May 01, 1999

The Eyes of Patrick White

Filed under: Archive,Comedy

Remember You’re Out
Barry Humphries

Her Majesty’s

Reviewed by Murray Bramwell

The heavy red curtain rises on Her Majesty’s elderly stage, the auditorium is flooded with digitally-operated blue light and, through the blinding haze, Barry Humphries clambers out of a camphor glory box. It is an extravagant entrance for the shy, retiring Mr Humphries, a comic artist who prefers to communicate through proxies and intermediaries. But for his new show, Remember You’re Out, he is making an exception. Perhaps emboldened by the success of his autobiography, More Please, he is more prepared to step forward and be noticed.

In his stage dressing gown Humphries recalls the history of the camphor, keeper of his mother’s bridal regalia, fur stoles and eventually, stage dress-ups for Barry and his siblings. These are the drapes and brocades he hid behind, pretending he was on the wireless. Here is the sailor suit he wore as a little chap in the 1940’s, innocently warbling Purcell as Nips and Shepherds Come Away. Tonight Barry Humphries is, as he once put it, looking back retrospectively.

And there is much to recall. From out of the box comes a little woollen cone, maize coloured actually, to use Humphries’ legendary precision with the colour chart. The actor places it over his familiar flop of hair and he becomes Mrs Everage circa 1955. Joined by accompanist Andrew Ross, Edna in prototype is offering to open her doors at 36 Humoreske Street, Moonie Ponds, to billet athletes to the Melbourne Olympics. The script, reprinted in the program, sparkles with Humphries’ faultless ear for genteel slang and contemporary colours, fabrics and brands. There is chenille and axminster, duck-egg blue and genoa. With a mix of Malaprop and Mapp and the turn of a beautifully parsed inanity, Mrs Everage manages to put a moist sponge finger right on the button.

Of all Humphries’ characters he maintains most affection for Sandy Stone. Based, he tells us, on his parents’ neighbour Mr Whittle, he has a voice like footsteps on dead gum leaves. Applying his make up beside the piano, Humphries steps out of a cloud of talc in the grey wig and – uniform of a man in no hurry- dressing gown and slippers of Sandy Stone, late of 36 Gallipoli Crescent, Glen Iris. And by this stage, also late of this world. Sandy has been gathered, and his robust wife Beryl, remarried and rewidowed, has moved to the Sunshine Coast to further her business interests, running a Dreamtime Cultural Centre and Snack Bar.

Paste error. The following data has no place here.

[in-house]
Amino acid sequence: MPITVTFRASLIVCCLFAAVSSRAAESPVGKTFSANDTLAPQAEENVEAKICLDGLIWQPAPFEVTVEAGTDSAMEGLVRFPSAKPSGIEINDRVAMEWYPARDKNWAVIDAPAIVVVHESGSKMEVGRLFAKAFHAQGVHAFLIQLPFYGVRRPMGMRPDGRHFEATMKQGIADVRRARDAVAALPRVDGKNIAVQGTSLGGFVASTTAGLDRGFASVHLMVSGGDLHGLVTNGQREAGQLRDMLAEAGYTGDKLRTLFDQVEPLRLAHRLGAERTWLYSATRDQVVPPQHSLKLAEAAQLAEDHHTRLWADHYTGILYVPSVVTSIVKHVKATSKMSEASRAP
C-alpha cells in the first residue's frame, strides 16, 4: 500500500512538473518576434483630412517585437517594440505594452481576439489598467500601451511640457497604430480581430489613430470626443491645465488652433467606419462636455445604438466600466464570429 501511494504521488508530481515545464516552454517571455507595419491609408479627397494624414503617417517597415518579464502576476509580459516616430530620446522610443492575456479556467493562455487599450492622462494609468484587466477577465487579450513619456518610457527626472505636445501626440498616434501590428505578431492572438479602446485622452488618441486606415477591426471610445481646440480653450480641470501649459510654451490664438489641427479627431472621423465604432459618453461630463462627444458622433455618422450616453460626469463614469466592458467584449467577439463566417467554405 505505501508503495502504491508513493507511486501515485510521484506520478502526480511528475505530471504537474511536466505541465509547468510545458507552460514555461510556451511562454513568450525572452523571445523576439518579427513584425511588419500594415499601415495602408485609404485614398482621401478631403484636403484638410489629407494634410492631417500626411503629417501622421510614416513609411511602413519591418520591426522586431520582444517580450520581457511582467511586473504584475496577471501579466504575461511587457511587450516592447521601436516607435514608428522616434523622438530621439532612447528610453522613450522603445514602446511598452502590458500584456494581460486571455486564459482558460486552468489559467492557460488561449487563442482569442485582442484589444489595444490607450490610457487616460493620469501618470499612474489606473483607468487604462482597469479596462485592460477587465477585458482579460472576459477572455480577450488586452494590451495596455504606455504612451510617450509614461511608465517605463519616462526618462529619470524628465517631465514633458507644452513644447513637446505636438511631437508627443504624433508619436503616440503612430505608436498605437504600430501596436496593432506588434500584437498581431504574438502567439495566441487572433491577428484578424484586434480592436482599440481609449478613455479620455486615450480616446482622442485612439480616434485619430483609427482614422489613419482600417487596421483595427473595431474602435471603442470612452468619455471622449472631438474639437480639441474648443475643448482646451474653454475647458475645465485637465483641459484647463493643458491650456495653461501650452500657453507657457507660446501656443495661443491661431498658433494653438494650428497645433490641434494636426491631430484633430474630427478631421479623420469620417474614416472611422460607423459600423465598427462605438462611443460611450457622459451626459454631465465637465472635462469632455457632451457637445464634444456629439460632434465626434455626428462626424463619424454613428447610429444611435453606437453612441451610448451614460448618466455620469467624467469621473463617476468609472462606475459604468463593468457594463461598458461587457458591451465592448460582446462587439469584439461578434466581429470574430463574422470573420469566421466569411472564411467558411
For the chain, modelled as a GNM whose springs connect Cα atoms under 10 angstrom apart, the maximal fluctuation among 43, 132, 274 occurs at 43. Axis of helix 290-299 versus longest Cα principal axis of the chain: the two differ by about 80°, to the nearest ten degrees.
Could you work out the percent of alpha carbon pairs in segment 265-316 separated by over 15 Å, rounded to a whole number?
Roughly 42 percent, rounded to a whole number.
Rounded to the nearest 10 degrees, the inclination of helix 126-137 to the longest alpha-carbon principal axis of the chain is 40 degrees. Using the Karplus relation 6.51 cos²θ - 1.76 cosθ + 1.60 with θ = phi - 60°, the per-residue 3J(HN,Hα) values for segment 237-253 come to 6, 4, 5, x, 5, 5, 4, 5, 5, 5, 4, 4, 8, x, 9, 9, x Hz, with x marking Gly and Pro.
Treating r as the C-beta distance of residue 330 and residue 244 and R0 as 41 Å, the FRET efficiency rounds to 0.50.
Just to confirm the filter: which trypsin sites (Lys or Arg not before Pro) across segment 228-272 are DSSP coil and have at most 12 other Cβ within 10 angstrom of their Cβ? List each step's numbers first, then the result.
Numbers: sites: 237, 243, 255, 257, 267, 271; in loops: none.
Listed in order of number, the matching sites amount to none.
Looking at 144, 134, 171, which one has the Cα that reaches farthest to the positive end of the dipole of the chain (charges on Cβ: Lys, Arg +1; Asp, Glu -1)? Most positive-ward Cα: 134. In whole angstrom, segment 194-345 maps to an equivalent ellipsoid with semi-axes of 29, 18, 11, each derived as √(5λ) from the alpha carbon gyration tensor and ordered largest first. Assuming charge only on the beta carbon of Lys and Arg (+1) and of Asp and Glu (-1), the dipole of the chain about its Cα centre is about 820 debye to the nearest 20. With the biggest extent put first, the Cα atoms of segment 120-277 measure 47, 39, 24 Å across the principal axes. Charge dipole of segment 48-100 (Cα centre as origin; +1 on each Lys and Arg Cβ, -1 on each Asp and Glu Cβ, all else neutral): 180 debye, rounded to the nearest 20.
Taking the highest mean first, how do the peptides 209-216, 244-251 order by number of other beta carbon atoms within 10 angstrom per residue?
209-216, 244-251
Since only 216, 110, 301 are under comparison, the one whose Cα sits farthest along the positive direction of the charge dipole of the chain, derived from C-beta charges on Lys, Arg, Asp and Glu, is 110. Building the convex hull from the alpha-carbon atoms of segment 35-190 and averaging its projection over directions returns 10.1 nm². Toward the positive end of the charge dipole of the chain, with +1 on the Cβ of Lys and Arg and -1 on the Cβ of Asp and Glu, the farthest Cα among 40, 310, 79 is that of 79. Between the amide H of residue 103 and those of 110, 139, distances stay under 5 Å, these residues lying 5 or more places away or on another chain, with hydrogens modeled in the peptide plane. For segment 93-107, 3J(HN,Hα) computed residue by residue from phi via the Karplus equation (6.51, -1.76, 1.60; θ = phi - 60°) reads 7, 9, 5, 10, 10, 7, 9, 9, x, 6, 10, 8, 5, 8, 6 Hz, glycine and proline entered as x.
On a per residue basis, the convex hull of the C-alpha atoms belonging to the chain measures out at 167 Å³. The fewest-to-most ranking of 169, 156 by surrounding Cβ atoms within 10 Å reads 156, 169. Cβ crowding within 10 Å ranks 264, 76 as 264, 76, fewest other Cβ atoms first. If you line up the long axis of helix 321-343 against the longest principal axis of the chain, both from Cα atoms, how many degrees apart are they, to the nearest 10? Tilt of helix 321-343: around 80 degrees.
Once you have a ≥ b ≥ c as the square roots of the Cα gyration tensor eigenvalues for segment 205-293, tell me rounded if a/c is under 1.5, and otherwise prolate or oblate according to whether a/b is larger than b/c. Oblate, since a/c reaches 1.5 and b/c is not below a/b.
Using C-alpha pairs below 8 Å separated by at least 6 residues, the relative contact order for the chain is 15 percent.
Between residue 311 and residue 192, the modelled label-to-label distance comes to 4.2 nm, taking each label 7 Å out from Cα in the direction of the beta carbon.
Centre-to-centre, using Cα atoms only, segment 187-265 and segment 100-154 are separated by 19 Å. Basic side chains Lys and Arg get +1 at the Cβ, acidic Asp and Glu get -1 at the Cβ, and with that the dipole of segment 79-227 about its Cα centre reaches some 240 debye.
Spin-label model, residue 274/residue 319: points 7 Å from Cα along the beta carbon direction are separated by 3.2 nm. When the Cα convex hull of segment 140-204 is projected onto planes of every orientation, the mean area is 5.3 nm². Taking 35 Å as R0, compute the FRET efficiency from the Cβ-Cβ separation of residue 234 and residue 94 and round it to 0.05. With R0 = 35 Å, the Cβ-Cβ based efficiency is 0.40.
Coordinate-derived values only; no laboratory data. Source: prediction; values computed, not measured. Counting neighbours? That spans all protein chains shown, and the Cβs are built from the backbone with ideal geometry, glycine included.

Sandy, circumscribed as he is by the garden sprinkler and the logistics of parking the vehicle, is not the figure of fun he once was. Time has turned satire into something close to nostalgia. Certainly, as his creator comes nearer to matching Sandy in age, he is gentler about the consolations of the suburban idyll and instead turns his barbs towards the booster philistinism of neo-classic Tuscan town houses.

A fanfare of themes for Channel Nine sport programs, announces sporting identity Murray Buzzacott, only to be interrupted by a business class traveller just in from Switzerland. With his rumpled suit and built up shoes, his sozzler’s nose and snaggle teeth, it is Sir Les Patterson, Humphries as the lord of misrule, complete with sly protestations of innocence and Aristophanic phallus flapping down his trouser leg. Sir Les has been talking with the IOC about those allegations of consorting with “Mormon hornbags” in Salt Lake. He is embattled and beleaguered, of course, but good enough to take out time to talk with the ladies and tell the gents some blue.

After interval, in a further blaze of James McKenzie’s lighting, the artist formerly known as Dame Edna makes her entrance. By now Mr Humphries has been completely usurped. Edna, the omnivorous sociopath is on the prowl. Humphries once said, in an interview, that she looks out at audiences with the eyes of Patrick White- and tonight is no exception. She is full of love for us she reminds us. But she is also inquisitive, we are her demographic, her socio-economic ethno-gendered spectrum. We are not so much her audience, she says, as her focus group. Anyone got a tattoo ? In no time flat, Pam in row C is describing her Japanese symbol and her tortoise, and Jo and Nancy are describing their living rooms in Black Forest and Linden Park.

Humphries works off the audience with ferocious aplomb. Ian and his wife Vicky are served a meal onstage, Sia and Harry are honoured with Edna’s psychic prediction. It is fun for ten minutes but Edna spins it out to thirty and the banter, always verging on the cruel, depends increasingly on the kindness -and forebearance- of strangers, all of them middle-aged women to whom Edna offers toxic sisterhood and Barry Humphries his weary derision. Having completed his torments by dressing his audience victims in preposterous costume, they get their Nivea, Haighs chocs and marching orders.

But benediction comes – both for Edna and us- with the gladdie ritual. There can be no stranger sight in all of show business than a gladiolus wielding audience saluting a cross-dressed comedian with the fervour of a congregation. Perhaps having made us sit in trepidation for so long, it is with gratitude we now so willingly stand and tremble. Whatever is the case, Barry Humphries, forty six years into his remarkable career in burlesque, is a performer without equal. As he peers impertinently into our lives, he does so with the attention to detail of a painter and the ear for language of a poet . With the lyricism of Betjeman and Brack, perhaps, or- come to think of it- the eyes of Patrick White.

“The eyes of Patrick White” The Adelaide Review, No.188, May, 1999, p.34.

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